The outcome had, for a long time, been far from certain and pockets of fierce loyalist resistance still remain unvanquished. But the civil war has been won by the rebels, and David Cameron and Nicolas Sarkozy came to Libya yesterday to gather plaudits for enabling the victory to take place.
The British Prime Minister and French President were given a resounding welcome by the public in Libya's capital for helping to deliver them from Muammar Gaddafi before going on to Benghazi. The news of the visit had been tightly controlled, but there was genuine warmth from those who had turned out to watch their arrival.
Nevertheless, there were reminders that the country is not yet free of violence. Rebels made another advance on the Gaddafi stronghold of Sirte, coming under rocket fire. The day before, Nato said, it had carried out 123 sorties over the country. And Gaddafi himself was still nowhere to be found.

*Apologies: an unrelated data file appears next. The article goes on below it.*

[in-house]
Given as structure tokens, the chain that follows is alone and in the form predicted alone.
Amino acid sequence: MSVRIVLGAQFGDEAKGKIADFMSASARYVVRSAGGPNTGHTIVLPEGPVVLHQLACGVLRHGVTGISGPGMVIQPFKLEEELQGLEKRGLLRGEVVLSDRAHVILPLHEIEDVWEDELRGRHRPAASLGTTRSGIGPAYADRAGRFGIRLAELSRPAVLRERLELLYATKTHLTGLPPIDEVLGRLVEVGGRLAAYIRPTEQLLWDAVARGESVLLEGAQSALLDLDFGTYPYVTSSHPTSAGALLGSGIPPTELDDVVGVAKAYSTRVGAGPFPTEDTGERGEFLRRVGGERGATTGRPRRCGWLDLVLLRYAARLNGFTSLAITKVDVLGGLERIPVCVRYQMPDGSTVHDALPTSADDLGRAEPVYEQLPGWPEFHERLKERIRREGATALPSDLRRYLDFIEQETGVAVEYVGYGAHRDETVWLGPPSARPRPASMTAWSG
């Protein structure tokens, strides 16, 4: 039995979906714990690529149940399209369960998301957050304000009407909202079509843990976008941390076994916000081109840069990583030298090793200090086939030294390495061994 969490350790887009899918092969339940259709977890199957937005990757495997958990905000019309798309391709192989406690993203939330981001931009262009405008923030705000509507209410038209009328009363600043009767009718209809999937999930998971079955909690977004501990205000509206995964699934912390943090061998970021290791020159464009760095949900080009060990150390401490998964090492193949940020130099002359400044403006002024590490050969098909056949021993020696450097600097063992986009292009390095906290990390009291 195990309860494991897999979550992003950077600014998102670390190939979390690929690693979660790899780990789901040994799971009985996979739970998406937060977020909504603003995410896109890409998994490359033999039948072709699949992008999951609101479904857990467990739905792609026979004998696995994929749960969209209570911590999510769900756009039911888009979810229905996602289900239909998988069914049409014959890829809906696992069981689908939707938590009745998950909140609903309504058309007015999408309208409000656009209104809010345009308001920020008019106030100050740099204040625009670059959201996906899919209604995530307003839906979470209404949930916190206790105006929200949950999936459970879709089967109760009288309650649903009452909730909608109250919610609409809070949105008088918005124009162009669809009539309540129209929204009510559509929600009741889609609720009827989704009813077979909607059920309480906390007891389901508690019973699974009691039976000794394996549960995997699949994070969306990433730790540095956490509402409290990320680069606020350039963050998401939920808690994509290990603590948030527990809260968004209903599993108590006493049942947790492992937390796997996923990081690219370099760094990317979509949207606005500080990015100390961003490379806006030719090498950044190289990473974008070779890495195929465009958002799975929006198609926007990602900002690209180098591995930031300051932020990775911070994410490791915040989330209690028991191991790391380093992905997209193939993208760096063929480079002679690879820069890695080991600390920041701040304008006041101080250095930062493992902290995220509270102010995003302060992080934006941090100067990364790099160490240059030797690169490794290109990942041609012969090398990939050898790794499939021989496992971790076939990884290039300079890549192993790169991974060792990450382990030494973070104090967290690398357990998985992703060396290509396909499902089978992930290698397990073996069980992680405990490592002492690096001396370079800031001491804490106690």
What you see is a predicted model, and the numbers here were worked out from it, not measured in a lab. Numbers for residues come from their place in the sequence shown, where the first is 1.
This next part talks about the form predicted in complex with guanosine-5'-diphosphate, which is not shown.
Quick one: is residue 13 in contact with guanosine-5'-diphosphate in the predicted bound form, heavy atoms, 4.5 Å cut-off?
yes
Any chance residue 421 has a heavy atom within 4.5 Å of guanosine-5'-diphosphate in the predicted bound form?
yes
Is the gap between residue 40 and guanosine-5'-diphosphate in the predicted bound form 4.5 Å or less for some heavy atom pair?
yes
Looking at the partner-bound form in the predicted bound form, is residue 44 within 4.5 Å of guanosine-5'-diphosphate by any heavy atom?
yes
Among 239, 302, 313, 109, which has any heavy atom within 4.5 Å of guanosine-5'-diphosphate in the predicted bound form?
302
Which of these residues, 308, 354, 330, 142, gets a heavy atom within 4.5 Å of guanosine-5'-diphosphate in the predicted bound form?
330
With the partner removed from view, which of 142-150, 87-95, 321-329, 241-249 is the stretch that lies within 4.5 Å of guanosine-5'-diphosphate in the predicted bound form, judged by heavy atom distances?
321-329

But in Tripoli, those scenes felt distant. Instead, matters of diplomatic rivalry took precedence. The British team had arrived on a C-130 military transport plane; the French party, much larger with a contingent of riot police, came in a civilian airliner. The cavalcade which swept into town on streets cleared of traffic was a mix of governmental limousines and gun-mounted trucks, with revolutionary fighters, some waving Kalashnikovs, on board.
However there are deep fractures within Libya's revolutionary movement. Mustafa Abdul Jalil, the chairman of the NTC, insisted that victory will not be declared until three remaining regime strongholds have been taken and Col Gaddafi and his coterie captured.
The countdown for elections, however, cannot take place until the NTC announces victory. Saied Mohammed al-Bashti, a rebel officer, warned that patience was running out. "We need to get these unelected people out," he grumbled. "If this does not happen there will be another revolution."Reuse content